New bus route 'too impractical'
A public bus route on the south coast, due to be cancelled at the end of the year, has been given a reprieve.
But locals say the new route, which detours to Broomehill, is now almost too impractical to use.
The current service runs between the southeast towns of Hopetoun and Ravensthorpe to Albany.
Member for the mining and pastoral region Dave Grylls had written to Minister for Transport Troy Buswell and the Public Transport Authority, requesting the Government continue bus services in the region, despite a decree to cancel five services across the agricultural areas by the end of December.
Mr Grylls said he had been recently advised by the minister of the reinstatement of the service with the proposed new route.
However, Shire of Ravensthorpe chief executive Officer Pascoe Durtanovich said the new route would add almost 250km and several hours to the trip.
He said the extra time and distance involved in getting to Albany would deter passengers from using the service.
"We wonder how many people will use the service now given the extra time and distance involved," he said.
Mr Durtanovich said the Shire had requested the original service continue, using a smaller bus, but he said he had yet to hear back from the Department of Transport regarding this proposal.
Mr Grylls said he had sought community input into the proposed closure of the current service, saying the cancellation of the service would have an adverse impact on sections of the Ravensthorpe and Hopetoun communities.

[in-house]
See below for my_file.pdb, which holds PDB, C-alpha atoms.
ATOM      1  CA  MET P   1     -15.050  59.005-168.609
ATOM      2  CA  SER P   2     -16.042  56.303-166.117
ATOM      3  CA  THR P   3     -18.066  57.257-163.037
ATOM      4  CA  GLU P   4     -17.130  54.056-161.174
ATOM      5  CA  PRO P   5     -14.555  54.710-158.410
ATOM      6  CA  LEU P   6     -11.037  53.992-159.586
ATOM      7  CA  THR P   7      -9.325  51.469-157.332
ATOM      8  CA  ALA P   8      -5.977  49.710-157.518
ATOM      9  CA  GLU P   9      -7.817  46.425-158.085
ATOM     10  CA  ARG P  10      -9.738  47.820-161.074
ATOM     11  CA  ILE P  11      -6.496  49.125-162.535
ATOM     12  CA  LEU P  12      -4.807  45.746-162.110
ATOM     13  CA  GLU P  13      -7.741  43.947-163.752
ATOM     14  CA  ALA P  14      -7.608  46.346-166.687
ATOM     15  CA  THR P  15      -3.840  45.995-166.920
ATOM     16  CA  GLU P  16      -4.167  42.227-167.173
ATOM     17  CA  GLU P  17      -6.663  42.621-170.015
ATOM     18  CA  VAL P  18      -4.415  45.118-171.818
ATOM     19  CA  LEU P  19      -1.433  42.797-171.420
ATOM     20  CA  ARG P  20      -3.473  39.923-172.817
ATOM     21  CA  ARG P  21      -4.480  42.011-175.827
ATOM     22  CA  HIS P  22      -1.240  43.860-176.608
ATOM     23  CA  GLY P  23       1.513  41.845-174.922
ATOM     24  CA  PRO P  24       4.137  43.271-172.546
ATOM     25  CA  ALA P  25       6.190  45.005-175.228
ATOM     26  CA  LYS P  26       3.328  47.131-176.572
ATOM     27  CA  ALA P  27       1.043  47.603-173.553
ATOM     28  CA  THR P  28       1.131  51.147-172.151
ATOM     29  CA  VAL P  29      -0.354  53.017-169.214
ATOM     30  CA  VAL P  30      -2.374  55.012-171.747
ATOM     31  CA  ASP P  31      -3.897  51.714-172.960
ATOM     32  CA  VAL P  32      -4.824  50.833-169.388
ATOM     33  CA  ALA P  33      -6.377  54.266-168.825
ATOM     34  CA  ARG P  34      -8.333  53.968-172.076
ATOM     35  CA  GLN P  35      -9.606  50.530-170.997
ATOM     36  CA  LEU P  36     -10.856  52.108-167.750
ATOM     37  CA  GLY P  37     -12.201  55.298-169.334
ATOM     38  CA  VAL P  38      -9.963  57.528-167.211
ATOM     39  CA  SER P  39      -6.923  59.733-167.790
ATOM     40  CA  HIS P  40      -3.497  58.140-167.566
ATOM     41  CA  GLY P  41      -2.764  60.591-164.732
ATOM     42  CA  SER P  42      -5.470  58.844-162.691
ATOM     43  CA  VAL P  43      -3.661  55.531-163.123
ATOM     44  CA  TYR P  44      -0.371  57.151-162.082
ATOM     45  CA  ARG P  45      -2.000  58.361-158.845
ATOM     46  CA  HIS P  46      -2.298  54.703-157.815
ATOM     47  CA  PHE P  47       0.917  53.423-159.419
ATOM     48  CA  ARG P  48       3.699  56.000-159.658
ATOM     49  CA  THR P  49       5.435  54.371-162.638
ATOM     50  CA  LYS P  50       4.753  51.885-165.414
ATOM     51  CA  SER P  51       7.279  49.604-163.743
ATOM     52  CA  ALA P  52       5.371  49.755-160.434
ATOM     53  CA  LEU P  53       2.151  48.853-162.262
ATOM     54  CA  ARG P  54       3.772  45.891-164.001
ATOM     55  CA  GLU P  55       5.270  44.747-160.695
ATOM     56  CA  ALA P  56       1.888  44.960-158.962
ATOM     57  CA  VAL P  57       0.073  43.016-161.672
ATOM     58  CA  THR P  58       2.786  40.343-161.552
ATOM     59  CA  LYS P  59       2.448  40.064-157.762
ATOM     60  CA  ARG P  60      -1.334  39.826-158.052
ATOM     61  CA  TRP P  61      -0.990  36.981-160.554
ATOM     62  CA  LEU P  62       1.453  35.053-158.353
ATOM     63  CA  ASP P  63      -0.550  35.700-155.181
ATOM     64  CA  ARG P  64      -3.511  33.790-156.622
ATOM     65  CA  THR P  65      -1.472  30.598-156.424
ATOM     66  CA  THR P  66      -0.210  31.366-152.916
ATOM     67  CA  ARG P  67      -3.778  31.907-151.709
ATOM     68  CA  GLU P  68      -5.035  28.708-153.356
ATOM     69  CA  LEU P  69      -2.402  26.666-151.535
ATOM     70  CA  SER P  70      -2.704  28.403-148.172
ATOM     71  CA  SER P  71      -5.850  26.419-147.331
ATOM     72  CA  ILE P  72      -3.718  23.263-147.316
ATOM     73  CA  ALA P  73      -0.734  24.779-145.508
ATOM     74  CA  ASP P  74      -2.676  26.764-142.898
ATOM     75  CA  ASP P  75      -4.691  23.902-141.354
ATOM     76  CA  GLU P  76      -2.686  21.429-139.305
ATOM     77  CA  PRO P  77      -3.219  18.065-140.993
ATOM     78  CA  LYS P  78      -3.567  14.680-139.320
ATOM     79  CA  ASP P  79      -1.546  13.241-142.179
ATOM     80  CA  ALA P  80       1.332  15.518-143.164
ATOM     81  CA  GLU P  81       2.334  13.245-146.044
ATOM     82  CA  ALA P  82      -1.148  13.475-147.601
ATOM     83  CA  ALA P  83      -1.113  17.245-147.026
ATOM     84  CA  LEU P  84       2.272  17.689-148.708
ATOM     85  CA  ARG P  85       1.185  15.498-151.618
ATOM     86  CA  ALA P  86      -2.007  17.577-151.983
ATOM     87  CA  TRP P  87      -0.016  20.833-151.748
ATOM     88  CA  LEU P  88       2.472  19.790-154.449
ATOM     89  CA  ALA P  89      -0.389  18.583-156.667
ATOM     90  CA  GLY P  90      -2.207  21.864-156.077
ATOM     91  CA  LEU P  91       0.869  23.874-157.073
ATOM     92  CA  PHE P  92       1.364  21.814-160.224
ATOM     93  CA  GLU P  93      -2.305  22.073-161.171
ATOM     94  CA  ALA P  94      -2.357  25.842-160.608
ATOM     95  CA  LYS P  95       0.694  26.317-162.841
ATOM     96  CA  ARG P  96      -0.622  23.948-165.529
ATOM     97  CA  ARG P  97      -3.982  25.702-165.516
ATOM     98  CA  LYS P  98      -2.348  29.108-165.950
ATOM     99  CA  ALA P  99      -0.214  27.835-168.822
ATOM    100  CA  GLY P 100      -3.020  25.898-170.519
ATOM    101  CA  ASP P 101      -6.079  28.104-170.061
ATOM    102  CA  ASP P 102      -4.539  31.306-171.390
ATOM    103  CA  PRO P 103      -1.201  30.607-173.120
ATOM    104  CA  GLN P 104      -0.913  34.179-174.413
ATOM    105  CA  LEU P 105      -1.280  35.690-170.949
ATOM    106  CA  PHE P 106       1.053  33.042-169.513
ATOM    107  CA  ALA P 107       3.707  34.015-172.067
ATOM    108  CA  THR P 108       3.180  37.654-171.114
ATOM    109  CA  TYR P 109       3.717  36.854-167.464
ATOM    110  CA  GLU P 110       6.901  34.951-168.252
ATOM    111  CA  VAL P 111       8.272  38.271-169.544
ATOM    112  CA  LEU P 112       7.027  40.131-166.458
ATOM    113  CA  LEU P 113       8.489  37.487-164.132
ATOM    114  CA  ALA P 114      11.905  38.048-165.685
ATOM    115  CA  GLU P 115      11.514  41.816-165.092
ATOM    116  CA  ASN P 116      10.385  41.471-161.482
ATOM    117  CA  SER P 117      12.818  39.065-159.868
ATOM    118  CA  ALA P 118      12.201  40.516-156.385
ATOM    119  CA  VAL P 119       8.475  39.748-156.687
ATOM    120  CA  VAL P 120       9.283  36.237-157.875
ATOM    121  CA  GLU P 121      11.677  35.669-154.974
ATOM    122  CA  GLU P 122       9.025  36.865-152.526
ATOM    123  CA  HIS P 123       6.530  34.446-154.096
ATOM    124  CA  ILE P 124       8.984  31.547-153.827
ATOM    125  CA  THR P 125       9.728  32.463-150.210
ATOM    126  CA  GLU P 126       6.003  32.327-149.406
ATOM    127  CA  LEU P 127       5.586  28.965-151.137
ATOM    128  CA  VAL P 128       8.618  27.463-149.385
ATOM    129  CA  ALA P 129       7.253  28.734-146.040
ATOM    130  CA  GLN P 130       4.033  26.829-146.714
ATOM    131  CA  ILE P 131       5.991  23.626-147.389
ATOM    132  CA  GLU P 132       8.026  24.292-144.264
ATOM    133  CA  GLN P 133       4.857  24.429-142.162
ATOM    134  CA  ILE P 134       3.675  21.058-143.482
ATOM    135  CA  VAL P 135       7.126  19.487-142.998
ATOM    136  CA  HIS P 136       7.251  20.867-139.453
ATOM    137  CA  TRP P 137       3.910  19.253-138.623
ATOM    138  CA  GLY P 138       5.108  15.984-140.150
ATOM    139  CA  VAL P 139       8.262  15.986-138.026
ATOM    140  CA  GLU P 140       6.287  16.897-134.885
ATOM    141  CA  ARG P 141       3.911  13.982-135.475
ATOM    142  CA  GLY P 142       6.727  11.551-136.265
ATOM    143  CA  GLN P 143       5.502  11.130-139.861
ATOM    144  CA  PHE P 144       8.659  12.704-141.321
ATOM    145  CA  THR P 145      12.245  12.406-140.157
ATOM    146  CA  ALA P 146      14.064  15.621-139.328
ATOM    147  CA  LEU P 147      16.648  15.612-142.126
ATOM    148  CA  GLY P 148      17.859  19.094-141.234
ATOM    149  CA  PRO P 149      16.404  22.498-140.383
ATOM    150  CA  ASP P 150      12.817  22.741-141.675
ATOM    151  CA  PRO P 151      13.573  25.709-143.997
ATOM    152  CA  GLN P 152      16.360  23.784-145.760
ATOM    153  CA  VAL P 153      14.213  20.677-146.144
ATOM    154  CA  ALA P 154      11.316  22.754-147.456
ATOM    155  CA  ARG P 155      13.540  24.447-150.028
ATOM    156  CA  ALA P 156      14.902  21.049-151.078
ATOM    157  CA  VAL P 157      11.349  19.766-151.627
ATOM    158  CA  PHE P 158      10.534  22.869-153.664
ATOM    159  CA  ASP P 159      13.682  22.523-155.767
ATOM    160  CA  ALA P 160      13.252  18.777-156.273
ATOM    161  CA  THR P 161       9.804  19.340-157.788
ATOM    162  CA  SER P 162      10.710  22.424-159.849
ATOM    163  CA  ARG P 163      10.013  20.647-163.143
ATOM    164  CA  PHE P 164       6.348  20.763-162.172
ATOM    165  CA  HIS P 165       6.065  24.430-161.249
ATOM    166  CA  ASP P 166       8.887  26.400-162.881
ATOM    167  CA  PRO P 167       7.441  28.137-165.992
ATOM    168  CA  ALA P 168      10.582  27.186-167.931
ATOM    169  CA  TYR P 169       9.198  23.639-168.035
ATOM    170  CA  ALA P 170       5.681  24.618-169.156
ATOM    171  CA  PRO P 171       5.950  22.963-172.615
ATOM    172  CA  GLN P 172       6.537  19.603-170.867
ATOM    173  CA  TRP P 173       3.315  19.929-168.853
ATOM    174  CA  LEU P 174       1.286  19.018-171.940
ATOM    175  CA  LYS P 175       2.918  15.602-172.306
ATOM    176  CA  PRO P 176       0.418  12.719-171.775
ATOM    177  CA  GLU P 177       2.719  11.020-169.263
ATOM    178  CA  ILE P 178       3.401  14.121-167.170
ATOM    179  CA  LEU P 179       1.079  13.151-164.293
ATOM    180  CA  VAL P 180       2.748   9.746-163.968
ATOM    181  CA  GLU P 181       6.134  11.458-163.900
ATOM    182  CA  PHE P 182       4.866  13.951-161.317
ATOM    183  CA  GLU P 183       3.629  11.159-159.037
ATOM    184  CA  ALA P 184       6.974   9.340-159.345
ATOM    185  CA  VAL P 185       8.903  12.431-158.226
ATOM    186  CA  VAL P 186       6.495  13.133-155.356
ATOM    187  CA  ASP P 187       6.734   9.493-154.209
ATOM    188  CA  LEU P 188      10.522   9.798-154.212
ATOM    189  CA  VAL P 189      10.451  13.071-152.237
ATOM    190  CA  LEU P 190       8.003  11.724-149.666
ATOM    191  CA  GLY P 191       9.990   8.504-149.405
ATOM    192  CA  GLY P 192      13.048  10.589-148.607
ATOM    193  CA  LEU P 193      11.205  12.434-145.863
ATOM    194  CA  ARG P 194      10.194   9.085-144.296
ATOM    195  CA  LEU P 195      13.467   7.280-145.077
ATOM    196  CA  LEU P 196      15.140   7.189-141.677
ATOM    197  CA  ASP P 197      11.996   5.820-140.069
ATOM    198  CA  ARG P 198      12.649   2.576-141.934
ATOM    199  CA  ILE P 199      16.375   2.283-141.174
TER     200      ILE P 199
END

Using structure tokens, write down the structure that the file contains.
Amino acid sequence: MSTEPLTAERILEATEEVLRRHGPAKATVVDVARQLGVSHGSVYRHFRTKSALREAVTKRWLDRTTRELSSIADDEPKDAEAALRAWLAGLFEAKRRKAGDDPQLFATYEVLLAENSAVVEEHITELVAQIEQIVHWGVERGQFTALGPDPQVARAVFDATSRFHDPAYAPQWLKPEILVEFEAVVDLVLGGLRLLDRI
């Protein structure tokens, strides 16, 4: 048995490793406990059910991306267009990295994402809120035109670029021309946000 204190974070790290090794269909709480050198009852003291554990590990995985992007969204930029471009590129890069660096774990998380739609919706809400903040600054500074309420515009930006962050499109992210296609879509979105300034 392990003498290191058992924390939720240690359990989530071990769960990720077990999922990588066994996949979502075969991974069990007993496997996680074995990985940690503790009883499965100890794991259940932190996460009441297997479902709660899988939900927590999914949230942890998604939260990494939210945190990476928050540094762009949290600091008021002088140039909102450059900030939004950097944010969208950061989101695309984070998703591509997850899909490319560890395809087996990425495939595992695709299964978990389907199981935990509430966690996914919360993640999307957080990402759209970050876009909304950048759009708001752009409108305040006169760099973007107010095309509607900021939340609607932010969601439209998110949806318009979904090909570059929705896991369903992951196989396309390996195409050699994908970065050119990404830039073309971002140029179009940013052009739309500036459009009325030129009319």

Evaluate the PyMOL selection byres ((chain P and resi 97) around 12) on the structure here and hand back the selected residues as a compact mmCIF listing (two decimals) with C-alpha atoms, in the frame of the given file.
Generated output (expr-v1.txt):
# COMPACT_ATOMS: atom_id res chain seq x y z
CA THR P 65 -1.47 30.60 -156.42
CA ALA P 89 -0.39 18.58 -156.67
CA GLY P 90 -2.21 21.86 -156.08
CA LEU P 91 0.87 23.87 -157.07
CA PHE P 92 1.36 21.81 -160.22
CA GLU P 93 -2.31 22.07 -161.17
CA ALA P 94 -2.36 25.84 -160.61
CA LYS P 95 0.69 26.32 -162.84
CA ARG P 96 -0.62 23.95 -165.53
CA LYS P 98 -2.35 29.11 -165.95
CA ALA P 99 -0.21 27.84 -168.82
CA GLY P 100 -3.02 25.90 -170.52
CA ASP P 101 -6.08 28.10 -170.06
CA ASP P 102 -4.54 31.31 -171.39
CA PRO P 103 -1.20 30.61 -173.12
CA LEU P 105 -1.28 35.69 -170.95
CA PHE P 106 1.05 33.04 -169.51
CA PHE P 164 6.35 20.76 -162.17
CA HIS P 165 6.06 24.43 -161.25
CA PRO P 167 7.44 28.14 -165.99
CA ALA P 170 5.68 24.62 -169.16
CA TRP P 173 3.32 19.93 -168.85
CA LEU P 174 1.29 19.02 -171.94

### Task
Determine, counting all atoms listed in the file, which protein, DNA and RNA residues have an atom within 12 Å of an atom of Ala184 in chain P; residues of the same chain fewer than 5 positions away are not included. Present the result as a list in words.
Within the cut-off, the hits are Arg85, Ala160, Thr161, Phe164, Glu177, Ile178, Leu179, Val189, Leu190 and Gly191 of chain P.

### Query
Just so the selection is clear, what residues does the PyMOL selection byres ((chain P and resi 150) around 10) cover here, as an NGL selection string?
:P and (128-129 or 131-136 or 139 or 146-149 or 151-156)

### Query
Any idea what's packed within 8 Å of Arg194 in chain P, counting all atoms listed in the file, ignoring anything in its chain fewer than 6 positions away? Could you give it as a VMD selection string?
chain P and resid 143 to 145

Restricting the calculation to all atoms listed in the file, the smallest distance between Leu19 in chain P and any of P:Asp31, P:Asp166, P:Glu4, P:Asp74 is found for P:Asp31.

"I asked the minister to reconsider the decision to close the existing service, considering the impact it would have on local people, particularly the aged population and those with health issues," he said.
Mr Grylls said he had been advised Transwa would conduct a review of requirements in early 2014, and the concerns of people in the region would be considered as part of that review.
In the Wheatbelt, newly elected deputy leader of the National Party and member for the Central Wheatbelt Mia Davies has welcomed the six-month reprieve given to the underused Avonlink train service from Northam to Perth.
She said reinstatement of the service had given the community time to work on changes to improve patronage.
"I'm reasonably confident that if we put together a good case, the continuation of the service is in line with predicated grow- th in the Avon," Ms Davies said.
She said changes to the service, including scheduling times, would make a huge difference to patronage levels.
"The community raised with me the fact that unless you are a commuter (to Perth) it is currently incredibly inconvenient," she said. "There is a whole section of the community that the service doesn't suit."
Ms Davies said she was lobbying for the development of an integrated transport service plan for the whole of the Wheatbelt region.
"My intention is to write to the minister and ask for consideration that we work up an integrated transport plan for the whole region, based on the fact that we are doing some work already around the rail and how that works in with the bus services that we have in the broader Wheatbelt region," she said.
But while bus services have been reinstated in the southeast and southwest regions, the minister had yet to announce any reprieve for bus services throughout the Wheatbelt.
_Countryman _previously reported on the cancellation of services, including Boxwood Hill to Bremer Bay, Hopetoun to Ravensthorpe, Quairading to Narembeen, Albany to Ravensthorpe, and Northam to Mukinbudin.
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